WARNING: Spoilers for Deus Ex: Mankind Divided ahead!
Deus Ex: Mankind Divided has gotten fairly good reviews so far, an average of 83 on Metacritic and a 4.5/5 from us. Most have been praising the game’s smooth combat controls, beautiful visuals, complex levels, and RPG components. The only negative, it seems, is that the game acknowledges a lot of today’s political issues by using the augmented people as an allegory for the many minorities in our society. And then that’s it, the game just leaves it there – there is no discourse on the matter of minorities whatsoever. Hell, the game does a fine job of defining what a minority is, and just like the dictionary, stops before it can truly challenge issues of discrimination as right or wrong. It is my opinion that when games do this, it’s downright patronizing; it feels like the industry doesn’t think we can handle the controversy if a game confronts current political and social issues.
Mankind Divided dodges such confrontation during incidents like Jensen’s first conversation with Victor Marchenko. Marchenko is the guard dog of ARC (the Augmented Rights Coalition), a very strong fellow with an eye for philosophy. You must speak with him before you can enter an area called the “The Throat” and extract the leader of ARC. During this encounter, the player can agree that the police brutality in Golem city is wrong and that someone has to stand up to it. Marchenko replies that despite how wrong we might believe something is, it takes a great deal of courage to step out of line. Adam then claims that Marchenko is making the situation sound like a war. Victor confirms this, indignant that Jensen doesn’t already see this, and that everyone must choose a side. It shells out a well-rounded definition of the issues without actually commenting on them.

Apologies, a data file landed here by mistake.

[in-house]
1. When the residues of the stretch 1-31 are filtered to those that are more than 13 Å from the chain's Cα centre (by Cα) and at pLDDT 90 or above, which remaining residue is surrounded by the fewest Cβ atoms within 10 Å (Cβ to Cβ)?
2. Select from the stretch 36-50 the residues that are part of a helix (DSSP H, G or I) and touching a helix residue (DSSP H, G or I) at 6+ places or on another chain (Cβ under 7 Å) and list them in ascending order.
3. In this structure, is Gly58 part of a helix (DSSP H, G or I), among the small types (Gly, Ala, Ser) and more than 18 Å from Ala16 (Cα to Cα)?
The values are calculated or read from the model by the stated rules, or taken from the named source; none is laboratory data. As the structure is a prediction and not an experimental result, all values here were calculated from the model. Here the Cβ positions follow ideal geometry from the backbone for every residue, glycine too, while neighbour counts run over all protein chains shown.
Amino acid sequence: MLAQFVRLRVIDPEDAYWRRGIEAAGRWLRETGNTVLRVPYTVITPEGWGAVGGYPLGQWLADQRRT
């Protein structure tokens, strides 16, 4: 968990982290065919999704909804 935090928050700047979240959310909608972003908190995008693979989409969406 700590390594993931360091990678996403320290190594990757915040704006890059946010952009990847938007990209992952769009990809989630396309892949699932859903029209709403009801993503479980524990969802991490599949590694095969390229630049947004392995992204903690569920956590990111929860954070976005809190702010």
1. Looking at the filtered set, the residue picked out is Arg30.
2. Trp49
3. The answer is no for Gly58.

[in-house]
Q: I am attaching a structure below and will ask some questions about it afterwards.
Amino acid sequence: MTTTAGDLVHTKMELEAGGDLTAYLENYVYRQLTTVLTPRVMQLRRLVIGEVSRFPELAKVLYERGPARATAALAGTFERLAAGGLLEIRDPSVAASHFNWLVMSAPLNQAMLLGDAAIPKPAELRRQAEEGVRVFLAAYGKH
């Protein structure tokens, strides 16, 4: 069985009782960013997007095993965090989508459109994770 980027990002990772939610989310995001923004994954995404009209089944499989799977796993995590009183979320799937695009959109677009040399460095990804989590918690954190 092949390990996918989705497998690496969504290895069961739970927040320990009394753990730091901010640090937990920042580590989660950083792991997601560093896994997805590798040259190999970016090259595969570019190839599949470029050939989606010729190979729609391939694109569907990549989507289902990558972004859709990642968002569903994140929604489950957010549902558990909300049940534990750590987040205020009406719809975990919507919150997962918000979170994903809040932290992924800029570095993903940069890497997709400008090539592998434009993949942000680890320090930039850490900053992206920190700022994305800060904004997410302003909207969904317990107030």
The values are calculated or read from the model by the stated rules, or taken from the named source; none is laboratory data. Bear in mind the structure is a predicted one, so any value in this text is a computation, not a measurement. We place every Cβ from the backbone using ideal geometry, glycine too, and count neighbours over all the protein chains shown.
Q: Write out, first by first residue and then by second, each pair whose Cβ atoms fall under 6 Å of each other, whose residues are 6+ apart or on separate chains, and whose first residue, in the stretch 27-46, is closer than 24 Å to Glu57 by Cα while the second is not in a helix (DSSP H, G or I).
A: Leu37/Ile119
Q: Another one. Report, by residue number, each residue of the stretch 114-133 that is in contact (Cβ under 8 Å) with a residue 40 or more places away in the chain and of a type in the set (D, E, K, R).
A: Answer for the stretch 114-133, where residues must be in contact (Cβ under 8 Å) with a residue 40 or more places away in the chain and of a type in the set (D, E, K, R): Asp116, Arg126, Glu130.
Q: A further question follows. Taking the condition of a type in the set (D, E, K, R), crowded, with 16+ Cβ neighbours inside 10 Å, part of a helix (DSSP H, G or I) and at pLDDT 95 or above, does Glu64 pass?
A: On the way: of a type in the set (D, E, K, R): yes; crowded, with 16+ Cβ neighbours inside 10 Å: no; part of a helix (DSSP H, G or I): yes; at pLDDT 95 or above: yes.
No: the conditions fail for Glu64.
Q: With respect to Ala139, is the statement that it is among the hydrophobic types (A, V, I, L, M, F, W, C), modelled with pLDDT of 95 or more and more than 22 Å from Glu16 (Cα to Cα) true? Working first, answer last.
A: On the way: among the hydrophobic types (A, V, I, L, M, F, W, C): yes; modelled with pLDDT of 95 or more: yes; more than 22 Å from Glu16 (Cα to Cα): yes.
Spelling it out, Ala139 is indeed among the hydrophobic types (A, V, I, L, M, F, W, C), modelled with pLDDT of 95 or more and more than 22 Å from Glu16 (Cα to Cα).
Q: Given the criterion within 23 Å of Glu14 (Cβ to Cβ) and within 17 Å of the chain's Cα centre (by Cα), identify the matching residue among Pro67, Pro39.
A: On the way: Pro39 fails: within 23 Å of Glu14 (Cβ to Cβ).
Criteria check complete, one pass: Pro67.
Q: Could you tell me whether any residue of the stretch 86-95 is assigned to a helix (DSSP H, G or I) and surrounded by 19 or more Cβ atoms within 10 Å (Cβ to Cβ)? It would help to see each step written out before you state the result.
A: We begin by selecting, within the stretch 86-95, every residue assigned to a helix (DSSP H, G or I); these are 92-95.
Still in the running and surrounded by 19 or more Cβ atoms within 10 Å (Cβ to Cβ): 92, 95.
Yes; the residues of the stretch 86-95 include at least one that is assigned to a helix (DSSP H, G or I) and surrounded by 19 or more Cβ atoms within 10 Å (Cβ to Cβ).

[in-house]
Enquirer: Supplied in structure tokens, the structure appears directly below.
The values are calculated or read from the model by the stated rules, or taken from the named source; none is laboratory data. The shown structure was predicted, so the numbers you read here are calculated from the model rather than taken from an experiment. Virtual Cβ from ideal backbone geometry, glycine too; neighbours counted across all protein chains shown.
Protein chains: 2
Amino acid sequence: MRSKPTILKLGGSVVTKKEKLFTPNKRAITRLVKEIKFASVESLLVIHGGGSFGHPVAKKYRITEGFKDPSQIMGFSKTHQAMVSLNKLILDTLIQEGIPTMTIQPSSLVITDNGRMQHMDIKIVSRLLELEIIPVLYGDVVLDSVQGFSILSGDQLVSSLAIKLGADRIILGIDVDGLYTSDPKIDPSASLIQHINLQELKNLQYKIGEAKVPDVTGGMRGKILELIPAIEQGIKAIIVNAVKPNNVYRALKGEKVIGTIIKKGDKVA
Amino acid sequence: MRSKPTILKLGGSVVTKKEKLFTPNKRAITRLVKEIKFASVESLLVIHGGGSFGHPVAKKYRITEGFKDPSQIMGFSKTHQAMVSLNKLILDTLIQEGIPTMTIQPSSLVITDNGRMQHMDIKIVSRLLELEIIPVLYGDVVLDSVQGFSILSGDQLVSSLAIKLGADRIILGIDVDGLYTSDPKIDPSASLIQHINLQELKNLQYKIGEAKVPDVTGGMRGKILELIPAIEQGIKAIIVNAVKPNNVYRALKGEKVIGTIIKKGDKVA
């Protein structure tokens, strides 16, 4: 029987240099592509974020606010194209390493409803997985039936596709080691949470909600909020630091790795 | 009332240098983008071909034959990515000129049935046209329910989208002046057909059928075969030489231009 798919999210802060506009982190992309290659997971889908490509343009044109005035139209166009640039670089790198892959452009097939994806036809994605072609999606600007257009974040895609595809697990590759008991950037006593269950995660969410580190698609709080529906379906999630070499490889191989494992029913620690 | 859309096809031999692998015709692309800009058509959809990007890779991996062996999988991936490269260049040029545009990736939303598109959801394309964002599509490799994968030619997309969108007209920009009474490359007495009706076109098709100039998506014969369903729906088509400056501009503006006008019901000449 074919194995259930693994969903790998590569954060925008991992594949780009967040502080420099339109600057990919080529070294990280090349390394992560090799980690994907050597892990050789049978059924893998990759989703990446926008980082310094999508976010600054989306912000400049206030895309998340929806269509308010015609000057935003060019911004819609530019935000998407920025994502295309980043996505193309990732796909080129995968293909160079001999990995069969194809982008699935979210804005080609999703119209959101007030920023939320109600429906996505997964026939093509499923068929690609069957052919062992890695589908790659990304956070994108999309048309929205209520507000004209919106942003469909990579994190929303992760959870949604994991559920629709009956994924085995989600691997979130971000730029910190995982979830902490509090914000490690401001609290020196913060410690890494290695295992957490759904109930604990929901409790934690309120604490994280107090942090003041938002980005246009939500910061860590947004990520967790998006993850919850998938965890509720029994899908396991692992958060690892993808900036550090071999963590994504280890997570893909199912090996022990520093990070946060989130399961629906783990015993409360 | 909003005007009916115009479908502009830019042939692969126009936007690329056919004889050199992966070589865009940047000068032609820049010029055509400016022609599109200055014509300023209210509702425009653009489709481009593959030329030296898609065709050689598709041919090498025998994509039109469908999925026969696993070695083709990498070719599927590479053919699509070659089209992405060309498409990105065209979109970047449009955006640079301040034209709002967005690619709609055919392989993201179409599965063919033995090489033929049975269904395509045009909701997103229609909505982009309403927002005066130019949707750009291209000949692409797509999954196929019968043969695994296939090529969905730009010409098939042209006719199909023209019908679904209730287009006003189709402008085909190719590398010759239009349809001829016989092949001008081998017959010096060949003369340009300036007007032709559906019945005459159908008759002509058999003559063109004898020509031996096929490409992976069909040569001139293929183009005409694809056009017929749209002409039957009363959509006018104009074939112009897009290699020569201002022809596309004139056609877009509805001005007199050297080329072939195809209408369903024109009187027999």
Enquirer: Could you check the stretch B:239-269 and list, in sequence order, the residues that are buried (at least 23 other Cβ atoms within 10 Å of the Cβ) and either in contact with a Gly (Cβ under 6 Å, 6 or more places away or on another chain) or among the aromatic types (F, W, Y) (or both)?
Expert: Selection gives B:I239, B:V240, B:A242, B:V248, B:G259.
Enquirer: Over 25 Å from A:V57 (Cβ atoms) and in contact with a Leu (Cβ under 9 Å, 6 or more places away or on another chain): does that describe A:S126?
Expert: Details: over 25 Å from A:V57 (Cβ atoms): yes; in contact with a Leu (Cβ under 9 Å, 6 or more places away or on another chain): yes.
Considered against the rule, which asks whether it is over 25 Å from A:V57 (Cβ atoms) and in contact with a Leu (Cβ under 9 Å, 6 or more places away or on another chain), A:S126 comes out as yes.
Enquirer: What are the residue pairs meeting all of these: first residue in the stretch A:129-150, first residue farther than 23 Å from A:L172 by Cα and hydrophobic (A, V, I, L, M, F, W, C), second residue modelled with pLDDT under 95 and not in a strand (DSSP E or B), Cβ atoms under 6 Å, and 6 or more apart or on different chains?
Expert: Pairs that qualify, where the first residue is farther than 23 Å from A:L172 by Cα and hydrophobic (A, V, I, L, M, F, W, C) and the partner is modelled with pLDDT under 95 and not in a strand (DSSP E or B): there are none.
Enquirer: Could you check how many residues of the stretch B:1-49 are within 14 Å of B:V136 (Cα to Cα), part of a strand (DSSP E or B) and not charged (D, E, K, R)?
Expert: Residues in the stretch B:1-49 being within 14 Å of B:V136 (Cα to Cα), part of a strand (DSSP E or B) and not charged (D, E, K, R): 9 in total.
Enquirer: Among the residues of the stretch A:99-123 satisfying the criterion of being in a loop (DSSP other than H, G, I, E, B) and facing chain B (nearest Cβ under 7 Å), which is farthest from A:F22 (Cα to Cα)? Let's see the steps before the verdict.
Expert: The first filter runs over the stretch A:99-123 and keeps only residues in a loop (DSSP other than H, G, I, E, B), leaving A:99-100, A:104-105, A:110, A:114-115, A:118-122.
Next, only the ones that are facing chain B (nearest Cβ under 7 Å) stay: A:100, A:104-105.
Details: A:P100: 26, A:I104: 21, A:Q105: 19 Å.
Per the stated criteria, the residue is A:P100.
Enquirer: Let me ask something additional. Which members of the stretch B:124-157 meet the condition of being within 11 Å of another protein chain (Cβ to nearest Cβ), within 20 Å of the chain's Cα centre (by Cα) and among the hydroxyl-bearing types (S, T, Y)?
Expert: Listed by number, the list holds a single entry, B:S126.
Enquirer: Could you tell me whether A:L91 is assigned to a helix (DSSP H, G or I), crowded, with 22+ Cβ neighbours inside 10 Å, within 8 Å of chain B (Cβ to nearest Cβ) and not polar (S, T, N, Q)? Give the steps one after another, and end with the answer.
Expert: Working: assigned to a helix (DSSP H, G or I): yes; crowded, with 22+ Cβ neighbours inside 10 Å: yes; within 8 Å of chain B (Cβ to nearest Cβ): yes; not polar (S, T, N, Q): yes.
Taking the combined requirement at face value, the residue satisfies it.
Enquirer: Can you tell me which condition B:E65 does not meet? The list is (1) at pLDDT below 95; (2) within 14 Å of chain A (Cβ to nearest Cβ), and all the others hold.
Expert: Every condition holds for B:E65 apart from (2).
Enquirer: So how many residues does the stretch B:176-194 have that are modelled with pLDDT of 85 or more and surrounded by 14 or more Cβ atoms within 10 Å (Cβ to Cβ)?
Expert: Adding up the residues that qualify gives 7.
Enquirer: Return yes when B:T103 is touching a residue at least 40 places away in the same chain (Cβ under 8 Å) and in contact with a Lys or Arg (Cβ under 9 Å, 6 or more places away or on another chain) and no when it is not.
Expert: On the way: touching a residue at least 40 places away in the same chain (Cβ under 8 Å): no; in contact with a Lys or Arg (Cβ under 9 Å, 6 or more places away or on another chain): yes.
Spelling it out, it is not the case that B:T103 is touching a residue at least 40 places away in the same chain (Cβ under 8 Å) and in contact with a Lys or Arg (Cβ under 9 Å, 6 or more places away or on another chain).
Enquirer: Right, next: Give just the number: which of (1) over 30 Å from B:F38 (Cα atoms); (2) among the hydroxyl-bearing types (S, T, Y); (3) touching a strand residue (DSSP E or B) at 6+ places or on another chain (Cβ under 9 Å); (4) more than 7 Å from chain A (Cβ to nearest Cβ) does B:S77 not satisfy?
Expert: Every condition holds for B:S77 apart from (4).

The Deus Ex series has great potential to confront the issues of minorities in the world. For example, in the incident described with Marchenko, the developers could have done so much more. There was such an opportunity here to have a relevant conversation about the problems in the game’s world, and Eidos Montreal botched it. On one side, we had a great advocate for ARC who is willing discuss the issues of police brutality. On the other side, we have an Adam Jensen equally willing to understand the world he is trying to save. In a game so focused on giving favor after favor, Eidos Montreal could have inserted a quest here where Jensen himself was the victim of police brutality and bound by politics in the mission to not take down the officers. I’m sure Marchenko and Jensen would be discussing exactly why it happened, citing more than just the Incident and theorizing where the fear of Augs might have come from, and how it is perpetuated.
Another missed opportunity is Adam’s conversation with Rucker, the leader of ARC. Yet even that conversation barely mentions the war or racism at all! Instead, it focuses on information, subterfuge, and corrupt officials. Rucker is the leader of ARC, for crying out loud, I think we could have understood if he wanted to talk about his cause for a little while longer, and perhaps even tried to recruit Jensen. Once again, this game does nothing more than define what a minority is, to the point that it feels utterly condescending. As if we don’t already know or fully understand the ramifications of racism.
Now, I don’t mean that challenging current social issues has to be super obvious in a game. None of that “should children work at factories or go to school?” from the infamous Fable III . Take Kanji’s character in Persona 4 instead. The developers purposely started this discourse by forcing the player to be at ease with Kanji’s less than masculine traits. Everyone and their mother has an opinion about him, but to truly understand what current social issue is being addressed in that game, learning the social, cultural, and historical context is key. That’s what creating a discourse on a subject looks like – seducing the audience into learning and questioning the issue. Mankind Divided takes the subject (racism) and never lets the player interact with it. There is no overt discourse (like there was with Kanji’s feminine hobbies or his Shadow), just pure definition.
Needless to say, we’re not stupid. Most of us are willing to learn and are more than thrilled when a video game we love can help us do that. Studying Kanji’s character, for example, has led me to learn a great deal about Japan’s view on homosexuality and the social issues around it. Augmented people though? Thanks for the history lesson, but Mankind Divided doesn’t bother to go further. The game doesn’t even say “racism is bad”, it just says “racism is”. Again, it’s patronizing to assume your audience can’t handle an opinion one way or the other on the issue.